Microsoft Continues Efficient Data Center Push in Texas

 
 
By Pedro Hernandez  |  Posted 2014-04-17 Email Print this article Print
 
 
 
 
 
 
 
Green IT

The software giant teams up with the University of Texas at San Antonio to explore environmentally friendly ways of powering data centers.

As the cloud computing market grows bigger, so do the power requirements to keep it afloat.

Tech companies are increasingly turning to renewables and energy-efficient technologies to decrease their reliance on old, power grids that burn fossil fuels to generate electricity. Microsoft announced April 16 that it had partnered with the University of Texas at San Antonio to help wean data centers off carbon-producing energy sources.

"We are forming a three-year agreement with UTSA to research and develop distributed generation technologies that will transform how data centers consume energy," announced Brian Janous, director of Energy Strategy at Microsoft's Global Foundation Services unit. Microsoft researchers and students will be pursuing efficient "fast-start generation" technologies, he said.

Fast-start generation describes energy technologies that kick in quickly when a primary power source fails or can't keep up with increased demand. Janous explained the project will look into devices like "micro-turbines to replace the diesel generators that are used during times of peak demand and grid outages."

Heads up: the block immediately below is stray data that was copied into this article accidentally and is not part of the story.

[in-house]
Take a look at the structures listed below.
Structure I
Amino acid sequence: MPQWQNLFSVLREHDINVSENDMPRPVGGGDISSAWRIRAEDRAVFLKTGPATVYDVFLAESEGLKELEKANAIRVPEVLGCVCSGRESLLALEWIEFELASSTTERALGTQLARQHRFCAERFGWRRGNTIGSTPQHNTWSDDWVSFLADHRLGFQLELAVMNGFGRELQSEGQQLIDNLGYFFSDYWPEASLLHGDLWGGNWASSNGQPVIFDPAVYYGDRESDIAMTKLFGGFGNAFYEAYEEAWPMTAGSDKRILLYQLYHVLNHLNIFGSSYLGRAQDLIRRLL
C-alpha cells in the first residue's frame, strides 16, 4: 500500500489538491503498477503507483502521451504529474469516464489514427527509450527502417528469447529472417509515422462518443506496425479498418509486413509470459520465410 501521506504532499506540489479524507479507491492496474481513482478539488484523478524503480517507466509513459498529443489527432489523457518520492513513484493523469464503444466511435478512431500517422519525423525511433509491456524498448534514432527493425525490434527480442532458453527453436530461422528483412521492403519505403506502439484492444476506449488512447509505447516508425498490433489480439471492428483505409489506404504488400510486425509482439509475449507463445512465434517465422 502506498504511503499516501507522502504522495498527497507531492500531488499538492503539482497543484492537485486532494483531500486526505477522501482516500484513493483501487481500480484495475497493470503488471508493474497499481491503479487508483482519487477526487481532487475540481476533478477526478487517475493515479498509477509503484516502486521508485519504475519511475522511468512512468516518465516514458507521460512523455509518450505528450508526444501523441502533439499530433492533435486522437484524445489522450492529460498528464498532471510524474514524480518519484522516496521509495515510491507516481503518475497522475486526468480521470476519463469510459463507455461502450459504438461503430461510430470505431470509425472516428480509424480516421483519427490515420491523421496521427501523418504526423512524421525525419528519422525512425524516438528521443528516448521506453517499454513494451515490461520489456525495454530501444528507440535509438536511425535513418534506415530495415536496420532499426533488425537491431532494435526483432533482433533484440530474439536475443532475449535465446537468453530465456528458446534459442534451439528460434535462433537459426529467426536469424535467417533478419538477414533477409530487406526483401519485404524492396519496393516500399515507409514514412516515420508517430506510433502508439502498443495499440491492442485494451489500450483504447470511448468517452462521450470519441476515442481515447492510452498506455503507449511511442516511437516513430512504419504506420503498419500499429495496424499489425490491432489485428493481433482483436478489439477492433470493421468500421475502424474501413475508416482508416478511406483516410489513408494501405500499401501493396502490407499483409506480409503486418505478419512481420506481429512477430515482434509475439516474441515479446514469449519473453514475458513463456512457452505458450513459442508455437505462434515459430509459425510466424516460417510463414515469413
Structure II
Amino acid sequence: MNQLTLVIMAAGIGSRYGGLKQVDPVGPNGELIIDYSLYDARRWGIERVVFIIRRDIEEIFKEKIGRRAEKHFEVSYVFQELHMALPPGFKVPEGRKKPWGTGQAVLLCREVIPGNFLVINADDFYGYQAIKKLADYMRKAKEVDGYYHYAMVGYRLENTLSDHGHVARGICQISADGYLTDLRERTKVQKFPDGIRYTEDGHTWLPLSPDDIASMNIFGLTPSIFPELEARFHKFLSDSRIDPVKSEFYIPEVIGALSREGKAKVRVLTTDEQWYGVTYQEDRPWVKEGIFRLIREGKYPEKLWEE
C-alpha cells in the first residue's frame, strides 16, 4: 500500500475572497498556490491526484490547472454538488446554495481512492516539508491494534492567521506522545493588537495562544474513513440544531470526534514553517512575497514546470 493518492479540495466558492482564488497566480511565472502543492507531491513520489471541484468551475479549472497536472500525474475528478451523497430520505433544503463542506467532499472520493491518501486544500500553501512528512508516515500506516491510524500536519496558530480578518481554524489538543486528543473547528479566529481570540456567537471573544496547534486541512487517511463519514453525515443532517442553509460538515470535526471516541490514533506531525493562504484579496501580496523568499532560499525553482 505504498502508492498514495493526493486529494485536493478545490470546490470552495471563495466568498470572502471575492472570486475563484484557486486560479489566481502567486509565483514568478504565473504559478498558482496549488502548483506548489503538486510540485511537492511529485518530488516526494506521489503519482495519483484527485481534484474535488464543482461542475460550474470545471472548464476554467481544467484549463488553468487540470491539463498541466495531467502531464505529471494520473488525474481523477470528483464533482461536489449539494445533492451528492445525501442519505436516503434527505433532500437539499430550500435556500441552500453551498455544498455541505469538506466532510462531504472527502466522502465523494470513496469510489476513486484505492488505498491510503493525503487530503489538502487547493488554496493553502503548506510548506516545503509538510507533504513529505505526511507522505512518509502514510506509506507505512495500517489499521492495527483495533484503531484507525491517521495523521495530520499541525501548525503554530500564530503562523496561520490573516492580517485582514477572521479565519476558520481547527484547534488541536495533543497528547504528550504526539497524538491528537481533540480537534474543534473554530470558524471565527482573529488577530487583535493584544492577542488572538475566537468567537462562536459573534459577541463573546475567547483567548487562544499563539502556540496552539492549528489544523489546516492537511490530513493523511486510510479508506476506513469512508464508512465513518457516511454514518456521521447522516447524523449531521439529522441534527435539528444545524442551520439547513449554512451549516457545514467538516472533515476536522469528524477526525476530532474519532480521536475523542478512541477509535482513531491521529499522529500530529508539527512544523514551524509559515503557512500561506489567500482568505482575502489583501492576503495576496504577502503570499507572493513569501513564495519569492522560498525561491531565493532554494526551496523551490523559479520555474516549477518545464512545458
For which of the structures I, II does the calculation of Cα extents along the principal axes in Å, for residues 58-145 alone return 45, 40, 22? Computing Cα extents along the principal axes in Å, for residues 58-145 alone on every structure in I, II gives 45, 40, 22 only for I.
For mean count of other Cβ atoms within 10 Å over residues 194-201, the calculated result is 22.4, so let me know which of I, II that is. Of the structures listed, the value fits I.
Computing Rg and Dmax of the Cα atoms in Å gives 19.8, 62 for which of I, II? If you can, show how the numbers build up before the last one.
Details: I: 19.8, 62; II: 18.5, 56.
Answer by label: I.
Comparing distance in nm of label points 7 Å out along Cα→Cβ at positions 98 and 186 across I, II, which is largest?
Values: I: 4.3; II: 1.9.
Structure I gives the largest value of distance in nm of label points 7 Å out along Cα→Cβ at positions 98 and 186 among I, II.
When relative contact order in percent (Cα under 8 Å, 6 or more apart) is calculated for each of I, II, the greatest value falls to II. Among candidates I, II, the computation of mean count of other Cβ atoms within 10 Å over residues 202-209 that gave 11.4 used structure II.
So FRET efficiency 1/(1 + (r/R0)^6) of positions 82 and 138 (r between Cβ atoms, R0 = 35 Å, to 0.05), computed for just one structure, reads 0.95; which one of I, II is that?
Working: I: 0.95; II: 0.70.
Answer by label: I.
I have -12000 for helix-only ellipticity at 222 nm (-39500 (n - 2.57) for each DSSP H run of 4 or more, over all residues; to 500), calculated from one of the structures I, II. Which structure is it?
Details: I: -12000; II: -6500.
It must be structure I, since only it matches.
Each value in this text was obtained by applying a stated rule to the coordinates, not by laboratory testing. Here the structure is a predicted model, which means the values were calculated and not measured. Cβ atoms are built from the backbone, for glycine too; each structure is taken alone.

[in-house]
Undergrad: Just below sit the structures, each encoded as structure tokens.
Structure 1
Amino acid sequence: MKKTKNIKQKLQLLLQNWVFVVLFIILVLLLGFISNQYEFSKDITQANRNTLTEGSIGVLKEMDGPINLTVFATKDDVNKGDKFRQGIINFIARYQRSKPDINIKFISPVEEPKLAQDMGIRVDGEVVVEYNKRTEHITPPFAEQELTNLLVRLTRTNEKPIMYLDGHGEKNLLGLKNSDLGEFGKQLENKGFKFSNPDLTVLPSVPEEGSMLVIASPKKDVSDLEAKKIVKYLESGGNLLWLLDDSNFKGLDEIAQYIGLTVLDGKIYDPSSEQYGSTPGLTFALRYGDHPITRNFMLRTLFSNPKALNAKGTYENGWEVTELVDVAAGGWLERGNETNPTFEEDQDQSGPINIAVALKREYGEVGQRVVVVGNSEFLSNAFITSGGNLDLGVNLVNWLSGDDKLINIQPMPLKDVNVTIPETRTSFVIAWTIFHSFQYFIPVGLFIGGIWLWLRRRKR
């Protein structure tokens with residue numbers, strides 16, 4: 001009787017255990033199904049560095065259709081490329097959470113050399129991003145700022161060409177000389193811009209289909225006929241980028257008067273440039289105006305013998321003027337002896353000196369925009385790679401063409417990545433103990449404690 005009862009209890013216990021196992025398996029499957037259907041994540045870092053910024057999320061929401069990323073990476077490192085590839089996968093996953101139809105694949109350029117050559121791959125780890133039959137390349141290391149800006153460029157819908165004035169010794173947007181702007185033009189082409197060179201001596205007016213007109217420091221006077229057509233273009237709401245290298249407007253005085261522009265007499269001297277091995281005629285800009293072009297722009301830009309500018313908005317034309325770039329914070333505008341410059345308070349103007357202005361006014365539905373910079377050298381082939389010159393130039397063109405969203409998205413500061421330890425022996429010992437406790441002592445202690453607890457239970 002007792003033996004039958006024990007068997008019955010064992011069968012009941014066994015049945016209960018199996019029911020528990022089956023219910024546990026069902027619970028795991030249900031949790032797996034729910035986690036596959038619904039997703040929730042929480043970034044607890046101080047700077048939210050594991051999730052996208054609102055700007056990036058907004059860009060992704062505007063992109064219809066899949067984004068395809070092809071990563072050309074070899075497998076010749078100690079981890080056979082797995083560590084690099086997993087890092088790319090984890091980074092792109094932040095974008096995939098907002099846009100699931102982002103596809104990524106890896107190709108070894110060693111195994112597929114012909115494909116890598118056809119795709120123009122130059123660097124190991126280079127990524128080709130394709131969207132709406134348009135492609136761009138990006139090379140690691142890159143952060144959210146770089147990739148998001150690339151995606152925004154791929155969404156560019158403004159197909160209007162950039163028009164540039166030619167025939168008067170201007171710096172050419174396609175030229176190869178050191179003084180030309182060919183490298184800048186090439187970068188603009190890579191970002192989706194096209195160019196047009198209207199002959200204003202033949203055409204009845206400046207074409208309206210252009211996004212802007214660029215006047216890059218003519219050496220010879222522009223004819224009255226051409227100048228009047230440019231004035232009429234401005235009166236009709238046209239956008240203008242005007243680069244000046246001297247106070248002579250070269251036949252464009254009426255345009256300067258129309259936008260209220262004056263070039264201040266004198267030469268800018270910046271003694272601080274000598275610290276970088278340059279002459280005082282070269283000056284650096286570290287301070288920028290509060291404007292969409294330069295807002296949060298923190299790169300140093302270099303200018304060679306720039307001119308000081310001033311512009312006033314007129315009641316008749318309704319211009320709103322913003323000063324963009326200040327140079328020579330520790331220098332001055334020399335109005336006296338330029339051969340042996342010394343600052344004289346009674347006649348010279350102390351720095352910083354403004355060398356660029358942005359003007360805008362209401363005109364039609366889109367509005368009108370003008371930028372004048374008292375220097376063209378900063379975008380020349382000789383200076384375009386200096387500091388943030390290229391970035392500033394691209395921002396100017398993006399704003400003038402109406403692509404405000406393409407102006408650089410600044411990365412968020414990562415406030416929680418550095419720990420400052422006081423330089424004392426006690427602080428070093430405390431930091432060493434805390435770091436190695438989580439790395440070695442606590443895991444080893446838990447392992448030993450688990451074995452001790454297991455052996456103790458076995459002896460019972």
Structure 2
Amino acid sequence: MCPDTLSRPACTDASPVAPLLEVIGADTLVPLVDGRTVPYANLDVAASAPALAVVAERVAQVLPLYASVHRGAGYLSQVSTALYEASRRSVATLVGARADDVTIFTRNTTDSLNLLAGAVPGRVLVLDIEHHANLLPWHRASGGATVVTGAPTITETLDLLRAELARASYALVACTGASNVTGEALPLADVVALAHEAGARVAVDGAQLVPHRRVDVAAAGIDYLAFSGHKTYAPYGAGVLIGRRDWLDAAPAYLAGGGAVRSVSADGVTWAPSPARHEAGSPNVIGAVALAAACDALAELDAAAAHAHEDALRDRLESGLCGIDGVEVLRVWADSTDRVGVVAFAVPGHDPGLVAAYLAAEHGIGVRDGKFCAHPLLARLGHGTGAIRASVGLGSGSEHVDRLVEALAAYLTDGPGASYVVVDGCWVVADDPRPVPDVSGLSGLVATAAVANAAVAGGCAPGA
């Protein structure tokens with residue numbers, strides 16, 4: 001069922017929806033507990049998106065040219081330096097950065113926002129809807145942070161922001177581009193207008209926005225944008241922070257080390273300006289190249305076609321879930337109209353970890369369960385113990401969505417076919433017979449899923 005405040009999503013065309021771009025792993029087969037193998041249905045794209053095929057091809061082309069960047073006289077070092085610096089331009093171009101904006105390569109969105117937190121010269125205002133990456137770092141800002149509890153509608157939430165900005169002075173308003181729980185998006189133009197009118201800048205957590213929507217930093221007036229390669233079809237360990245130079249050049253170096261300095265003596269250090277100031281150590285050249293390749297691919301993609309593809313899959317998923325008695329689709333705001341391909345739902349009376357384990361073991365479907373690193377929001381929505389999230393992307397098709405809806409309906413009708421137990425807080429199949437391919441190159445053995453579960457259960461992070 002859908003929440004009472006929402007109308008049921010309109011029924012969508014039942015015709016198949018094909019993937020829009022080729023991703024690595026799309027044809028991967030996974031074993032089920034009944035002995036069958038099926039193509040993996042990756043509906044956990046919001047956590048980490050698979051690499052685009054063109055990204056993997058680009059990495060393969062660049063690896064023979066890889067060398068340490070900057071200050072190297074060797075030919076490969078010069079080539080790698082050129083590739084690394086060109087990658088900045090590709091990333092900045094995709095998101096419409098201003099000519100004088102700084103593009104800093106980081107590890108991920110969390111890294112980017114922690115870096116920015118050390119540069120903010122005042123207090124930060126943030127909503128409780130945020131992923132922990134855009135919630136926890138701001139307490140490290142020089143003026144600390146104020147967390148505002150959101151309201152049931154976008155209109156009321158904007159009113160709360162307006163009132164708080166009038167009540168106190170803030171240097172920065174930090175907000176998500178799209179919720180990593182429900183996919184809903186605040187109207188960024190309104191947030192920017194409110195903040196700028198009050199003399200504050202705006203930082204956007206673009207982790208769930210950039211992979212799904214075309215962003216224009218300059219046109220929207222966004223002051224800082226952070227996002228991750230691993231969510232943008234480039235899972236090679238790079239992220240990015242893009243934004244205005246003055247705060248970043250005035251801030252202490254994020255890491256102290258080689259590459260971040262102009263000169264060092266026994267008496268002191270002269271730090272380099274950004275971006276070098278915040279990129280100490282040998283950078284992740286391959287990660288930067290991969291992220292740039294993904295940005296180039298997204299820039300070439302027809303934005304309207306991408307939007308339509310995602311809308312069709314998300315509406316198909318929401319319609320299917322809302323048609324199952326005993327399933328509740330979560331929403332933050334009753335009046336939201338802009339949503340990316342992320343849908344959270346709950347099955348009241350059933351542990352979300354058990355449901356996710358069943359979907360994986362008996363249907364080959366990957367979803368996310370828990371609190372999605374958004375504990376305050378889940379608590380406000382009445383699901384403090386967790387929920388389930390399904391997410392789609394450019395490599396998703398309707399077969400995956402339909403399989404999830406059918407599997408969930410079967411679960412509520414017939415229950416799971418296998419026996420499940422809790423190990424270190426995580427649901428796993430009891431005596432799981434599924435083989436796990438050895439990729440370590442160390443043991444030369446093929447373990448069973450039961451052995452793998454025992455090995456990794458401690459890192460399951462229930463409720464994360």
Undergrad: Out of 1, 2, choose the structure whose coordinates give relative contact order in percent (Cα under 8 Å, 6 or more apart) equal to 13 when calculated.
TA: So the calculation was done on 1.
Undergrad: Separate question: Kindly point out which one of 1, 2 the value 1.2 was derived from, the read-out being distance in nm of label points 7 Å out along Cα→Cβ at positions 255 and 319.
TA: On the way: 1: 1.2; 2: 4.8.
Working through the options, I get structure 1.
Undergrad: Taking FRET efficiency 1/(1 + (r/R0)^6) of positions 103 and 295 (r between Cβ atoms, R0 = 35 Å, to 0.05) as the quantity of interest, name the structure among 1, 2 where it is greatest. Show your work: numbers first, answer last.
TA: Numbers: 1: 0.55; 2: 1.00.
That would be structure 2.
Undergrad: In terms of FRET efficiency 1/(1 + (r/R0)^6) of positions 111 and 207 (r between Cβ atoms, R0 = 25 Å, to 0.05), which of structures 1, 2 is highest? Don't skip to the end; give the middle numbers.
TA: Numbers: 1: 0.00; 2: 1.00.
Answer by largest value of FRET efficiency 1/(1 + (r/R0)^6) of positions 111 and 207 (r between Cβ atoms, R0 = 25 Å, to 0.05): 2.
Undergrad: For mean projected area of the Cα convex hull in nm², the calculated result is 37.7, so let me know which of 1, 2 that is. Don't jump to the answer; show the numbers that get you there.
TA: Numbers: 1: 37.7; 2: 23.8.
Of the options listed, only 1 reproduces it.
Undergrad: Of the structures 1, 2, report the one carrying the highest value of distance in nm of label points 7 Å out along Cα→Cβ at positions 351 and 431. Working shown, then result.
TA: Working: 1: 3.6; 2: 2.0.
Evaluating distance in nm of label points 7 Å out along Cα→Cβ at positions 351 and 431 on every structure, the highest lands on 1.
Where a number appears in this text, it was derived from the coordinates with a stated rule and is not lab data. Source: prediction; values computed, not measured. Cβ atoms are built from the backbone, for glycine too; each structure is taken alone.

Microsoft is also donating $1 million to the school's Texas Sustainable Energy Research Institute (SERI), which is headed by former Sandia National Lab Vice President Dr. Les Shephard. According to the group's Website, SERI provides "systems solutions that pursue novel opportunities for technology insertion to reduce costs, improve reliability and assure responsible environmental stewardship that contributes to our energy future."

Janous revealed that the company had "good reason" for partnering with the university. The company opened a data center there in 2009, and "was one of the first in the industry to employ technologies like using wastewater for cooling to reduce energy consumption," he said. CPS Energy, the city's utility, "is the largest publicly owned purchaser of wind power in the country, with 1,059 megawatts (MW) of wind-generated electricity in commercial operation."

Microsoft isn't expecting to replace centralized electrical grids, he added. Rather, the company sees the approach "as a complement to the traditional centralized model, if it is deployed in a manner that is optimized to the needs of the grid in concert with grid operators and utilities."

SERI's and Microsoft's goals align with those of cloud data center operators. Janous said that, together, the organizations are "focused on hastening the transition to a future where widespread deployment of distributed generation will reduce energy losses, improve reliability and minimize the need for costly investments in new infrastructure."

Texas is emerging as a major focus of Microsoft's green technology efforts. This latest move follows last year's big wind power purchase deal. The company agreed to buy 100 percent of the power generated by the Keechi Wind Farm for 20 years, ensuring that the project gets off the ground 60 miles northwest of Fort Worth.

 
 
 
 
 
 
 
 
 
 
 
 
 

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